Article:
What follows represents an attempt by the author to utilize the projections available at the site to identify the five major-league hitters whose wOBA projections have most improved since the beginning of the season.
For every batter, what I’ve done is first to calculate his preseason (PRE) wOBA projection, averaging together Steamer and ZiPS forecasts where both are available. What I’ve done next is to calculate every hitter’s rest-of-season (ROS) wOBA projection (again, using both Steamer and ZiPS when available). I’ve then found the difference in wOBA between the preseason and rest-of-season projection.
When I attempted a similar exercise last month (with WAR, in that case), I used updated end-of-season projections instead of rest-of-season ones. The advantage of the latter (and why I’m using it here) is that it provides the closest available thing to an estimate of any given player’s current true-talent level — which, reason dictates, is what one requires to best identify those players who have most improved.
Only those hitters have been considered who both (a) are currently on a major-league roster and (b) weren’t accidentally omitted by the author, who is a moron. Note that Projection denotes a composite Steamer and ZiPS projection. PRE denotes the player’s preseason projection; ROS, the rest-of-season projection. Plate-appearances estimates for both PRE and ROS projections are taken from relevant batter’s depth-chart projection. Data is current as of Monday.
5. Devin Mesoraco, C, Cincinnati (Profile)
Projection (PRE): 413 PA, .247/.308/.413 (.274 BABIP), .313 wOBA, 96 wRC+
Projection (ROS): 240 PA, .260/.320/.438 (.288 BABIP), .330 wOBA, 107 wRC+
In 160-plus career starts for the club, Mesoraco has served as Cincinnati’s cleanup hitter just three times. In five starts since last Monday, Mesoraco has also served as Cincinnati’s cleanup hitter three times. In part, the loss of Jay Bruce and then (upon Bruce’s return) Joey Votto has facilitated the move. In part, it’s Mesoraco’s own production which has suggested to manager Bryan Price that his catcher ought to occupy one of the most important spots (both symbolically and actually) in the Reds lineup. Notably, Mesoraco’s plate-discipline projections haven’t improved at all. Rather, it’s his early BABIP and power-on-contact figures which have led to his more encouraging forecasts.
4. Derek Norris, C, Oakland (Profile)
Projection (PRE): 307 PA, .221/.319/.385 (.272 BABIP), .314 wOBA, 100 wRC+
Projection (ROS): 235 PA, .238/.338/.406 (.285 BABIP), .332 wOBA, 113 wRC+
On multiple occasions in the minor leagues — like as a 19-year-old at Low-A in 2008, and then again as a 21-year-old at High-A in 2010 — Norris produced full-season walk rates roughly on par with his strikeout ones. After failing to approximate that same achievement over his first two seasons as a major-leaguer, Norris has recorded walk and strikeout rates of 14.6% and 12.4%, respectively, through his first 137 plate appearances of 2014. The reduction in strikeouts, in particular, has been significant — and has complemented his higher BABIP mark to create more damage on contact. If Norris has recorded fewer starts than one might expect given his performance (30 in Oakland’s 51 games), it’s because his catching counterpart, John Jaso, has also been quite productive, as well.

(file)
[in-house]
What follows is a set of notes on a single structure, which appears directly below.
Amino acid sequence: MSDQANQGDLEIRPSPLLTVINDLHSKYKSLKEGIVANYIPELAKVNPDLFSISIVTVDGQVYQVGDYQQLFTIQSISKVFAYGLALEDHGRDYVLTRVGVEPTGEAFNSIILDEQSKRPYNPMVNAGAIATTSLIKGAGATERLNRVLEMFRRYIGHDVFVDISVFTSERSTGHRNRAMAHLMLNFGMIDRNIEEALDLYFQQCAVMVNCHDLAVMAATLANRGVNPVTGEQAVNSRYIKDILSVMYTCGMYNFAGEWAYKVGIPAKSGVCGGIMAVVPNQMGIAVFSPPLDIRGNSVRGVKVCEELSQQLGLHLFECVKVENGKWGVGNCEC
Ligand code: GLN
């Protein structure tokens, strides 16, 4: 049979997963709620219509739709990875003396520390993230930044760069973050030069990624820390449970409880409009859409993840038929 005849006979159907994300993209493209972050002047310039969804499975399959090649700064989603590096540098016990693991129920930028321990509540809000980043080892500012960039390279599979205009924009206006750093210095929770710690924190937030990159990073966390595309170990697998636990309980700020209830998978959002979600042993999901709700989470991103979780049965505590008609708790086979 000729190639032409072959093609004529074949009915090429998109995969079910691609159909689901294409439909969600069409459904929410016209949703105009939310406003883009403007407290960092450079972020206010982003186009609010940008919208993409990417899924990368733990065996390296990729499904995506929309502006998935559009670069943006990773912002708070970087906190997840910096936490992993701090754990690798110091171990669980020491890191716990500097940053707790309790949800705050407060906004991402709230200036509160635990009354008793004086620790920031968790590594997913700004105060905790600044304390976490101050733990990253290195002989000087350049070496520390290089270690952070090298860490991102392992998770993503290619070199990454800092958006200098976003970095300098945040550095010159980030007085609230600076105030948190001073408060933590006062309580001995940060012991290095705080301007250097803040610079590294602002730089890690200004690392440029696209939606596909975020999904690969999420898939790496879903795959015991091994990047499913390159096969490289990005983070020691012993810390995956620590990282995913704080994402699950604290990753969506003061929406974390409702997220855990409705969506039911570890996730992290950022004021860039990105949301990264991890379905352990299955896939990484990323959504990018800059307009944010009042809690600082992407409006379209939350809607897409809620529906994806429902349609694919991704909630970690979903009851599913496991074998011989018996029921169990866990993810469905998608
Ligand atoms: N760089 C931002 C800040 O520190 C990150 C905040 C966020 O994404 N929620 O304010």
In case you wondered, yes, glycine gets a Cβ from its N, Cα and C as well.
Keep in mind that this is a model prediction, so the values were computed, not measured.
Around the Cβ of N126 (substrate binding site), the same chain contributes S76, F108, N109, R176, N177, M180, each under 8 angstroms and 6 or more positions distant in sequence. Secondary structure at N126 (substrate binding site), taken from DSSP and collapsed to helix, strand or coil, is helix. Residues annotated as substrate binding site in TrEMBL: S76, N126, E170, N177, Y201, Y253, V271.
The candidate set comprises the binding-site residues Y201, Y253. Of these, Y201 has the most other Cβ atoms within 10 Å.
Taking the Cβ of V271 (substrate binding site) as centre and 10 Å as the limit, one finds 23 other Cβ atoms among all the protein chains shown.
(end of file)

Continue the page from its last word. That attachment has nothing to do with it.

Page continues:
3. Yasiel Puig, OF, Los Angeles NL (Profile)
Projection (PRE): 666 PA, .286/.354/.489 (.327 BABIP), .364 wOBA, 137 wRC+
Projection (ROS): 456 PA, .299/.372/.516 (.341 BABIP), .385 wOBA, 150 wRC+
On May 13th, FanGraphs author Jeff Sullivan celebrated in these pages the improved discipline of Dodgers wunderkind Yasiel Puig, noting that said wunderkind had demonstrated the single biggest drop in O-Swing% since last season. In a probably frightening development for every major-league pitcher, Puig has actually exhibited even more excellent plate discipline since then and, perhaps not uncoincidentally, even more excellent overall production.
Were he a defensively fantastic shortstop, Yasiel Puig would be more valuable. He’s maximizing his contribution to baseball wins in nearly every other way, however.
2. Seth Smith, OF, San Diego (Profile)
Projection (PRE): 326 PA, .246/.323/.407 (.296 BABIP), .318 wOBA, 105 wRC+
Projection (ROS): 224 PA, .258/.340/.435 (.305 BABIP), .339 wOBA, 119 wRC+
Here are some true facts, if not necessarily analytical epiphanies, concerning Smith:
- Over his career, Smith has recorded just under 83% of plate appearances against right-handed pitchers; and
- By comparison, about 71% of all plate appearances league-wide are against right-handed pitchers; and
- In 2014, Smith has recorded an even higher percentage of his PAs (88.4%) against right-handers; but
- The numbers he’s currently producing are way better than he’s ever produced against right-handed pitchers alone; and also
- He’s actually recorded entirely reasonable numbers (99 wRC+) against left-handed pitchers, too, in a limited sample.
1. Troy Tulowitzki, SS, Colorado (Profile)
Projection (PRE): 600 PA, .299/.372/.524 (.312 BABIP), .386 wOBA, 133 wRC+
Projection (ROS): 415 PA, .310/.392/.556 (.322 BABIP), .408 wOBA, 147 wRC+
Projected batting lines are typically the product of past performance, age-related adjustment, and regression to the mean. Because of that last variable, it’s also the case that the batter who’s produced his league’s most excellent batting line is also one who’s outperforming his projections for that season. As such, it’s not surprising to find that Troy Tulowitzki, who has recorded all of baseball’s best park- and league-adjusted batting line, has also outperformed his own projected line for 2014 thus far. As a result, his rest-of-season plate-discipline projections have improved. And so have his rest-of-season BABIP projections. And so have his his isolated power ones, too.
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